but above a11 to reorganize temporal and spatial coordinates. While
commodity owners must still be spatially and temporally present in
order to exchange their wares, this is no longer necessary for the owners
of money. What matters is that obligations stemming from money relations are fulfilled within the agreed time-scale. These time-scales and
the agreed places in which obligations are to be met determine the
matrix of world sodety.
In the chapter on money in Volume One of Capital there is a short sect~on
on 'world money' following the discussion of money as money which
frequently goes unnoticed. Here we find the suggestion, not fully
worked out, that world money - at that time gold which gets its nation460
ality stamped upon it by the currency - is something more than mere
gold bars. Problem~ of ex.change rates play a role here which can only
be treated appropnately
if the balance of trade, of visibles and invisibles, and of capital are drawn into the analysis. Now we see what
is: the emergence of 'synthetic indicators' (as furnished
by the sub-balances of the balance of payments) with which societies
are comparatively eva~uated in the abstract functional space of the global
mar~et. Such evaluations ~ould be harmless if they were only about
th: JU.dgements on th~ national economy by interested politicians or
sc~e~tIsts. But they defme the comparative position of a currency area
within t~e. global economy and thus the context of a nation' s currency
a~ea within global currency
[ust as sovereignty
nmeteenth- and early twentieth-century
thought remained bound to the
territoriality of states, so now it defines itself in a world of world money
through a currency area whose borders are defended at the counters of
the foreign exchanges or within the global 'swift-network'
of internationa11y operating banks.
The mechanisms of disembedding
have the fatal consequences that
t~ro~gh them a reality is produced according to standards which are
~mdmg even when their effects should irk society. Once delivered
mto the hand~ of market mechanisms, subordinated
to global time
and space regImes and dependent upon the price of money (interest
and exchange rate), societies must accommodate themselves to the dis:mbedded. ec~nomic mecha.nisms. That is to say, they must implement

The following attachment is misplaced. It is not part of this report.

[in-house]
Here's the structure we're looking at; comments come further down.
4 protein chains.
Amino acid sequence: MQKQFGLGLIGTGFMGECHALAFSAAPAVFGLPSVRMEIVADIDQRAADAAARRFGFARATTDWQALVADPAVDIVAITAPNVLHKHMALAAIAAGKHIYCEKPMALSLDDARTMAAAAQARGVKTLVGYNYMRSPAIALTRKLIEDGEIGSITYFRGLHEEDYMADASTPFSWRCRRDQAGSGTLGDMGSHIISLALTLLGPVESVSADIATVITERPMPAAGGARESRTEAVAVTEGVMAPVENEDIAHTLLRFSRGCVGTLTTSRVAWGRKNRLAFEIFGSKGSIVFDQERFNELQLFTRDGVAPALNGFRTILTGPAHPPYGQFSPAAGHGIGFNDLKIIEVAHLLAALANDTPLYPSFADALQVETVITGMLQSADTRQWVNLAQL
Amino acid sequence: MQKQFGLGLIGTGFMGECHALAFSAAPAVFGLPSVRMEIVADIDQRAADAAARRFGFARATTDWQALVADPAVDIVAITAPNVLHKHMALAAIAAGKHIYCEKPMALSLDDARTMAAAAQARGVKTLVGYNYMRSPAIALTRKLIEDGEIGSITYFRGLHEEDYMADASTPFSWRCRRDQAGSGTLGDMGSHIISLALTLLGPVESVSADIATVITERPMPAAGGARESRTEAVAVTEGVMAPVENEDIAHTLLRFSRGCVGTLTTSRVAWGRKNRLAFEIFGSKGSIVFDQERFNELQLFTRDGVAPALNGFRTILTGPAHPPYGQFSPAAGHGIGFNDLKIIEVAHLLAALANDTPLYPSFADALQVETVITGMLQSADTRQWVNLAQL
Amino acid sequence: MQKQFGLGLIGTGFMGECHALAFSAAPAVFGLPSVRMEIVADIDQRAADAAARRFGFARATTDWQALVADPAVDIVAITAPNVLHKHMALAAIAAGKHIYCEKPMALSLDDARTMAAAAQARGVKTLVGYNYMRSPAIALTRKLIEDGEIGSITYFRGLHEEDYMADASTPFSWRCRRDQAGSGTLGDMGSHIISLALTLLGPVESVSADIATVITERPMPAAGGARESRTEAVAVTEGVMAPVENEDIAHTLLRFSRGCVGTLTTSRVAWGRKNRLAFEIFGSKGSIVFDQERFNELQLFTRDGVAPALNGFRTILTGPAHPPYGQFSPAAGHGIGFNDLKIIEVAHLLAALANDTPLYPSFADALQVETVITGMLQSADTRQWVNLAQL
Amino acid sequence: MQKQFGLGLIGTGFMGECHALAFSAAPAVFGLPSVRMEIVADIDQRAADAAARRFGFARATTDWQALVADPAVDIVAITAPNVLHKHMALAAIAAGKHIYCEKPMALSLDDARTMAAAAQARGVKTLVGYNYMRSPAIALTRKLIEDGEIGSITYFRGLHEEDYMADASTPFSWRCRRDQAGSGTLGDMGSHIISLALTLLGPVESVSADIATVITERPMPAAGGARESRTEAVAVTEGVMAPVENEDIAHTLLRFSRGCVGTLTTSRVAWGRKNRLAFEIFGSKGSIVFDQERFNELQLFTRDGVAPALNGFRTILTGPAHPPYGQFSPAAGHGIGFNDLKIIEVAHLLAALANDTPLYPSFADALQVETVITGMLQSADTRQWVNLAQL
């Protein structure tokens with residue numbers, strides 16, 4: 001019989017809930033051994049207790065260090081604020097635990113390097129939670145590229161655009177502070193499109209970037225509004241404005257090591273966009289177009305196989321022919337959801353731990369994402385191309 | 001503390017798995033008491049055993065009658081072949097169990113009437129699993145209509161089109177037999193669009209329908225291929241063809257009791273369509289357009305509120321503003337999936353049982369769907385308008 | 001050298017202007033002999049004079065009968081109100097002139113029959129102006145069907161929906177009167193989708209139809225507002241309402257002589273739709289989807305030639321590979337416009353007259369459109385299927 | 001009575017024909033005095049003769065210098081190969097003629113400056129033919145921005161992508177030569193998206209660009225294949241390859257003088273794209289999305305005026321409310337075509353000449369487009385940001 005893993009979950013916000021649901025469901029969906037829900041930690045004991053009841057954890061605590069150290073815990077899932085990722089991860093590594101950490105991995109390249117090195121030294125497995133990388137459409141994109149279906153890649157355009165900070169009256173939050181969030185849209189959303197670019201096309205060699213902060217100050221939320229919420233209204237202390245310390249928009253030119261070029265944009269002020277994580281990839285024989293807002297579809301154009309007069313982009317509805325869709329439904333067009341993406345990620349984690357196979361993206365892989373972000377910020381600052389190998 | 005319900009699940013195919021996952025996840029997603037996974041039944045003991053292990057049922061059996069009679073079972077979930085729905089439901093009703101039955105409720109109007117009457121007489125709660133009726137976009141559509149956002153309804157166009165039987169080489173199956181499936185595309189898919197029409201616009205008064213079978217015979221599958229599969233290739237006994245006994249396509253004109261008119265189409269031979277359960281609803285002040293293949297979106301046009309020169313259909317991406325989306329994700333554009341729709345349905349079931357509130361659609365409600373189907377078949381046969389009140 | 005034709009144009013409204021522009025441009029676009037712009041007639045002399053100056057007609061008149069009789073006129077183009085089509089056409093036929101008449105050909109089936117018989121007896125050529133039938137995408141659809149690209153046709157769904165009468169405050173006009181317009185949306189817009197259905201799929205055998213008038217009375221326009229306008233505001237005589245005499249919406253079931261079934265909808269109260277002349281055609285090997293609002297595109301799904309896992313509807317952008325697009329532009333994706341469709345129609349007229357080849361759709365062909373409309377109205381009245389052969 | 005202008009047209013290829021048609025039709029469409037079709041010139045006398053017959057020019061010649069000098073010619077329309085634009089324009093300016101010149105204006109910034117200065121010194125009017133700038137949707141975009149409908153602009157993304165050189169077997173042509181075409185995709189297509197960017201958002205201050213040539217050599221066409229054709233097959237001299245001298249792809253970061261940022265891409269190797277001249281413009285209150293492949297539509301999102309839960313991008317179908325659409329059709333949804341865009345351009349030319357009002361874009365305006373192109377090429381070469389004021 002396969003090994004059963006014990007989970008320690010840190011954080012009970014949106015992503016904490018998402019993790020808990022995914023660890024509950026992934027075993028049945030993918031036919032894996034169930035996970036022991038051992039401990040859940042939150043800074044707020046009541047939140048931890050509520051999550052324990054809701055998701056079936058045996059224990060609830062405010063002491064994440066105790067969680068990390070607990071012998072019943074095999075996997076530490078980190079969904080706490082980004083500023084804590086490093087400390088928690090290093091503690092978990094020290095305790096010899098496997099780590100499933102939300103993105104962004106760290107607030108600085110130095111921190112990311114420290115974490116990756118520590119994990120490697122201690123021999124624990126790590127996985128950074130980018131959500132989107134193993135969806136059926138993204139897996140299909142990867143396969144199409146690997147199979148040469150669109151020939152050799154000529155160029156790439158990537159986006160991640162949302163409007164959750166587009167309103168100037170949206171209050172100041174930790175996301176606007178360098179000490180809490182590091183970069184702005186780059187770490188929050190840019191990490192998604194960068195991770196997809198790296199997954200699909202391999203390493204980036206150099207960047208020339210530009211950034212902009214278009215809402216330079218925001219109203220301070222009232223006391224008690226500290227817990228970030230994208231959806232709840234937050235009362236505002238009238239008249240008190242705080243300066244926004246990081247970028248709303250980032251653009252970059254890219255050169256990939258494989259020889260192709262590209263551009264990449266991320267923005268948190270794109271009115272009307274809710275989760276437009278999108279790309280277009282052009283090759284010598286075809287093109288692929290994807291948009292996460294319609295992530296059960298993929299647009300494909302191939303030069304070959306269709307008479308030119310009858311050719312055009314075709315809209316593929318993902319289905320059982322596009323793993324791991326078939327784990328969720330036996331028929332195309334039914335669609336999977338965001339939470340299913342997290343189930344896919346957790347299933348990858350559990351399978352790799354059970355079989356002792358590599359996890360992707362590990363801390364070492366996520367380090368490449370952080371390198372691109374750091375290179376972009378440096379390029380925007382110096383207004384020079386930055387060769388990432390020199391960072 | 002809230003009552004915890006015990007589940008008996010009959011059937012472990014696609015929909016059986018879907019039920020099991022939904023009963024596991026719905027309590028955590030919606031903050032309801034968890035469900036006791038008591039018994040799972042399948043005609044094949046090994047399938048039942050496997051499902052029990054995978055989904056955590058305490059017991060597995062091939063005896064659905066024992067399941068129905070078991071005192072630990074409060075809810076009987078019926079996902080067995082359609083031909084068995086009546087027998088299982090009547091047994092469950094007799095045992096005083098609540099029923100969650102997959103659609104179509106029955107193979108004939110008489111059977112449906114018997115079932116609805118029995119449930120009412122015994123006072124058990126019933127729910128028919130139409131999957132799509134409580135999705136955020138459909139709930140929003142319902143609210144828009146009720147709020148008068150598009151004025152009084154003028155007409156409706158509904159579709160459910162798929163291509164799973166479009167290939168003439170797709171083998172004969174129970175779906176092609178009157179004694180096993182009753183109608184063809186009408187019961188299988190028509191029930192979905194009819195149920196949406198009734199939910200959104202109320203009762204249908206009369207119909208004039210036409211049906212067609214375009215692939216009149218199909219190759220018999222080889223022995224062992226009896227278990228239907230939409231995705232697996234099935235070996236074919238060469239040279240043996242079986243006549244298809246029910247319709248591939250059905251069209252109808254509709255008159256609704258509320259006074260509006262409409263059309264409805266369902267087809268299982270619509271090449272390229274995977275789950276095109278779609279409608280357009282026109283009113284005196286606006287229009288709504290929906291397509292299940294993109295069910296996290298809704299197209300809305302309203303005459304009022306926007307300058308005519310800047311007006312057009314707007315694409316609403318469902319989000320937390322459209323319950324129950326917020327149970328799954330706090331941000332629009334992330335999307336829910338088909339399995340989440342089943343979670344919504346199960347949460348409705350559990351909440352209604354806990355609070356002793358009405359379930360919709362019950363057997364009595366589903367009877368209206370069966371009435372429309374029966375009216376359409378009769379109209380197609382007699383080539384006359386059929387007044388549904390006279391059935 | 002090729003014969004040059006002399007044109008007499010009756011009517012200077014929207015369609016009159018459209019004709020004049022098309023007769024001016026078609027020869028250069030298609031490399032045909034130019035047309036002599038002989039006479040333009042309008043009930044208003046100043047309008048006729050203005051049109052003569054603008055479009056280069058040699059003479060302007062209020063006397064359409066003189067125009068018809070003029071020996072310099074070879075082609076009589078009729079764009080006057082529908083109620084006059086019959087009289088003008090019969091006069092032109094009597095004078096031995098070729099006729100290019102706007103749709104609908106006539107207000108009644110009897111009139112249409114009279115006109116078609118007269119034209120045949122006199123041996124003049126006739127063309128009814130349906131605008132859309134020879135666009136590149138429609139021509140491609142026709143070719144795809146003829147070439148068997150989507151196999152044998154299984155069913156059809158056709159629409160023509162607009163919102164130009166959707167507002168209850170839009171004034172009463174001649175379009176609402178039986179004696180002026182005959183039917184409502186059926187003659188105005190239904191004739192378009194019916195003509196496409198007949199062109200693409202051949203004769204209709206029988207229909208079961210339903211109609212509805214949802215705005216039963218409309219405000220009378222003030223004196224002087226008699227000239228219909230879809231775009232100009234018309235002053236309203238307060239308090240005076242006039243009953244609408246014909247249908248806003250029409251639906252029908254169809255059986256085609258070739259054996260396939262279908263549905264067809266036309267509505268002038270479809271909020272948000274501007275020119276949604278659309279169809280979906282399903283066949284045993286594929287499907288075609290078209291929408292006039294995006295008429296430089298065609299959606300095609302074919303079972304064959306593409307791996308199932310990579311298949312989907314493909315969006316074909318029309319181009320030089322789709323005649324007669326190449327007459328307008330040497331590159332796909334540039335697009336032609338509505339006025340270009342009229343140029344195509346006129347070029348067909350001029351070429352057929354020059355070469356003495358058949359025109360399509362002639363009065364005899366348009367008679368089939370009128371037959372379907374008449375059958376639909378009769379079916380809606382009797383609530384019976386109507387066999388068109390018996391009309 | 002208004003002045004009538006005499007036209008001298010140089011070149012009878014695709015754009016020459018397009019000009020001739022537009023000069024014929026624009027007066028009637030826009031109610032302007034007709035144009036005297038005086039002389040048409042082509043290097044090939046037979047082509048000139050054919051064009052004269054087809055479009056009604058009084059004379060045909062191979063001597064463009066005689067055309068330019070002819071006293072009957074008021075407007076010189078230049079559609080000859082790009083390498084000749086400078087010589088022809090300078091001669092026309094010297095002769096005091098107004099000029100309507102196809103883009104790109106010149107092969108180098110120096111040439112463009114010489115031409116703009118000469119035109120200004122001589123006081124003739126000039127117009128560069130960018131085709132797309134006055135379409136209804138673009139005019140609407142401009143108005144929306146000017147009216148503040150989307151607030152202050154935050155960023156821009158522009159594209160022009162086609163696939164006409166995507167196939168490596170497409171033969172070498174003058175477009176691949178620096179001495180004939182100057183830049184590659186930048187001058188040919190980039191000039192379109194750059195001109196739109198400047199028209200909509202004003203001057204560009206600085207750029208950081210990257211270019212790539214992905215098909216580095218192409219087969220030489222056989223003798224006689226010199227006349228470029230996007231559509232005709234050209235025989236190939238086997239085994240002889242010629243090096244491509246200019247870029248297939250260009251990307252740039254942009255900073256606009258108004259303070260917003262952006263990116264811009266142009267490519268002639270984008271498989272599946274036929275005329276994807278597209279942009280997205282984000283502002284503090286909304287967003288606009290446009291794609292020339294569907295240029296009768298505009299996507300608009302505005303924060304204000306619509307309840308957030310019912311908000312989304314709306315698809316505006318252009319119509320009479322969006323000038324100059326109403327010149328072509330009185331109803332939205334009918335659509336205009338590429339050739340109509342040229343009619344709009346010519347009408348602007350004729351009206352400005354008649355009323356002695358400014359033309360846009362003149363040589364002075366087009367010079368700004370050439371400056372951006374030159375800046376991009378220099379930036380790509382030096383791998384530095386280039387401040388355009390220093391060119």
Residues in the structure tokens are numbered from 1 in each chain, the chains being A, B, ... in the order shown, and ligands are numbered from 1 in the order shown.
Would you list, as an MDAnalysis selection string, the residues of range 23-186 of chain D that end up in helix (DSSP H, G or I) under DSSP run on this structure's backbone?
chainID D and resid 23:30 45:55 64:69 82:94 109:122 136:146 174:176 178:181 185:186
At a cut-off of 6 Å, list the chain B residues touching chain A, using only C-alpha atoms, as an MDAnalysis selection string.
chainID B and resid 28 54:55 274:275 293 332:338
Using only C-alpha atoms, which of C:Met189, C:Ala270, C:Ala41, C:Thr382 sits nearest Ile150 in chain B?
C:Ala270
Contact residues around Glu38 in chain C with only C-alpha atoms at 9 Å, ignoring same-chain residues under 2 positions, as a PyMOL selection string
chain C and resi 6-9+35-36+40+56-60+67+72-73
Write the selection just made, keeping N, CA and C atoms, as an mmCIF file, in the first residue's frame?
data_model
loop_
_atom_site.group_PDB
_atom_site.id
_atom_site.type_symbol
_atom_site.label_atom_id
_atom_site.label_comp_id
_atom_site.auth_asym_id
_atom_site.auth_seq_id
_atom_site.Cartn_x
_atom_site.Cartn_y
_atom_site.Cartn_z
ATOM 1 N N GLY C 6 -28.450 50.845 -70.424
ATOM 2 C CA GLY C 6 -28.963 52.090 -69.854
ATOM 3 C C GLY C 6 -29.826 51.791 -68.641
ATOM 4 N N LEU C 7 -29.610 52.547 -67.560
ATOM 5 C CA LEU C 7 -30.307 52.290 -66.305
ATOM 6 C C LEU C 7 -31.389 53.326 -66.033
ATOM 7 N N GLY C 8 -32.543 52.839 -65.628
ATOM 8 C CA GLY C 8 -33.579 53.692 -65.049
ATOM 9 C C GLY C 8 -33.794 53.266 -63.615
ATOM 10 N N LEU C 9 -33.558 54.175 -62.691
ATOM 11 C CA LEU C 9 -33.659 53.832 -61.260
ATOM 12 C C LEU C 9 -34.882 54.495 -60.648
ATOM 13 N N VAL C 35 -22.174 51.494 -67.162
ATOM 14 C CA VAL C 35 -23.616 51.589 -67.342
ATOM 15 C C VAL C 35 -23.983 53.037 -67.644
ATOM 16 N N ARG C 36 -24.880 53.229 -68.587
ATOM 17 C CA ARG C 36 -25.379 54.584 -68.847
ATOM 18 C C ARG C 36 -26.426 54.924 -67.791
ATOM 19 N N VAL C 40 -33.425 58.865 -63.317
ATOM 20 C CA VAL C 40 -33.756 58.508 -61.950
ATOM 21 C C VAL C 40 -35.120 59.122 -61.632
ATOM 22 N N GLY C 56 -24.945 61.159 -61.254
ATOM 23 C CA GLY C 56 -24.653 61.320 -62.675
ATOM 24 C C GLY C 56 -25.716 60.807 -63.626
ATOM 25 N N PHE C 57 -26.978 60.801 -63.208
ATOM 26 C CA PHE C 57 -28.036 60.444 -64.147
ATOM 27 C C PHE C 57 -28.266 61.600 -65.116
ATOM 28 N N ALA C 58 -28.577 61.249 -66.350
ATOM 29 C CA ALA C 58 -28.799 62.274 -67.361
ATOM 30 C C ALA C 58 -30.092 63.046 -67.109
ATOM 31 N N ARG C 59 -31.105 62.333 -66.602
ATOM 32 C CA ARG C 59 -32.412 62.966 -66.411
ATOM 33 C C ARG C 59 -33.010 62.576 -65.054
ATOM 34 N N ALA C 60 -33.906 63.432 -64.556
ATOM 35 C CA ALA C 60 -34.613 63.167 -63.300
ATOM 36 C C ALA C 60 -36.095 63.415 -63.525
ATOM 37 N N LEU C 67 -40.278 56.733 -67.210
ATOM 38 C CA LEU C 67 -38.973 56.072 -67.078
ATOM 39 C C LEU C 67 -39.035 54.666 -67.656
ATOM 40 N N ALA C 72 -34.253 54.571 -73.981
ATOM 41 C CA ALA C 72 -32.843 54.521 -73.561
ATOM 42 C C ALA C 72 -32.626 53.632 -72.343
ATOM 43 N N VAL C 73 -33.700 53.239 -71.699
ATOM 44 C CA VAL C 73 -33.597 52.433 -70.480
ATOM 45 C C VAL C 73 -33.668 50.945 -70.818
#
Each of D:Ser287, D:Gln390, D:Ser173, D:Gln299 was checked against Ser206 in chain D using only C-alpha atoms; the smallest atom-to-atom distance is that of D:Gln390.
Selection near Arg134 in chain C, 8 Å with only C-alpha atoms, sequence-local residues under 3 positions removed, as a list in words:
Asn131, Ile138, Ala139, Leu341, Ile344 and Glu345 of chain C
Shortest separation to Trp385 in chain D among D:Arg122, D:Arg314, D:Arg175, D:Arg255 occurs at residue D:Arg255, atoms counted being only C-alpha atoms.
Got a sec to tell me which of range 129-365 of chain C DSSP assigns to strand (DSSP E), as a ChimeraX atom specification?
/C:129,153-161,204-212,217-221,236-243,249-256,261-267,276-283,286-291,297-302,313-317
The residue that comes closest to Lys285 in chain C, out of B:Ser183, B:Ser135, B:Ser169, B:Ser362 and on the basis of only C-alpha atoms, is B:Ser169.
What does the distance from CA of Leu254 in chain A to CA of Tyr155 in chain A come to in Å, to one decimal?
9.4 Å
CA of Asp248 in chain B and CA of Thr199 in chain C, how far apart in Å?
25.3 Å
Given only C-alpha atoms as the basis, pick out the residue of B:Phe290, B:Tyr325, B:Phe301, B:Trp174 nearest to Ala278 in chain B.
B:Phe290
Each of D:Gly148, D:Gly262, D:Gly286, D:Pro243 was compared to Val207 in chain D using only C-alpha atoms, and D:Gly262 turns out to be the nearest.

in perpetuity
structural adjustment programmes' in order to maintain
their competitiveness, or alternatively tolerate subordination
to such a
through the intervention
of international
such as the World Bank or International Monetary Fund. Thus we have
not only ,the 'dis:mbeddin~
m:chanisms' represented by Figure 1 but
also the mechanisms of objective compulsion' (Sachzwangmechanismen)
stylized in Figure 2.
The world market with its time and space regimes, with the global
monetary and credit system that is maintained through the fossil fuel
sources and their associated material and energy conversion systems, is
the frame ~f refere~~e for sociati~n. Accommodation to quickly changing
standards lS a decisive element m the process of modernization whose
sodal (and :cological) costs can clearly be very high. Figure 2 repres~nts the 'first s.tage of disembedding'
as the much sodologica11y
~lscussed .separation of the market and its logic from the sodety and
its patterns of symbol-media ted interaction. A 'second stage of disembedding' is now money' s acquisition of a life of its own in relation to
the 'real economy'; the 'decoupling of monetary from real accumulatio~'; a~d the c~ystallization of a globally operating finandal system
which lS subordmated to neither sodal norms nor political direction.
First stage of
Second stage of
External constraints
of the world market;
loss of sovereignty in
economic policy;
'ubiquitous money
Decoupling of monetary
from real accumulation
Figure 2
From disembedding to the external eonstraints of the world market
and the loss of sovereignty in eeonomic poliey
Money is nolonger a reified medium of communication with socia11y
destructive autonomizing tendendes ois-ä-ois those actors who use it
to enter into communication - as those who rely on Simmel claim
(Deutschmann, 1995: 387) - but rather a societal relationship between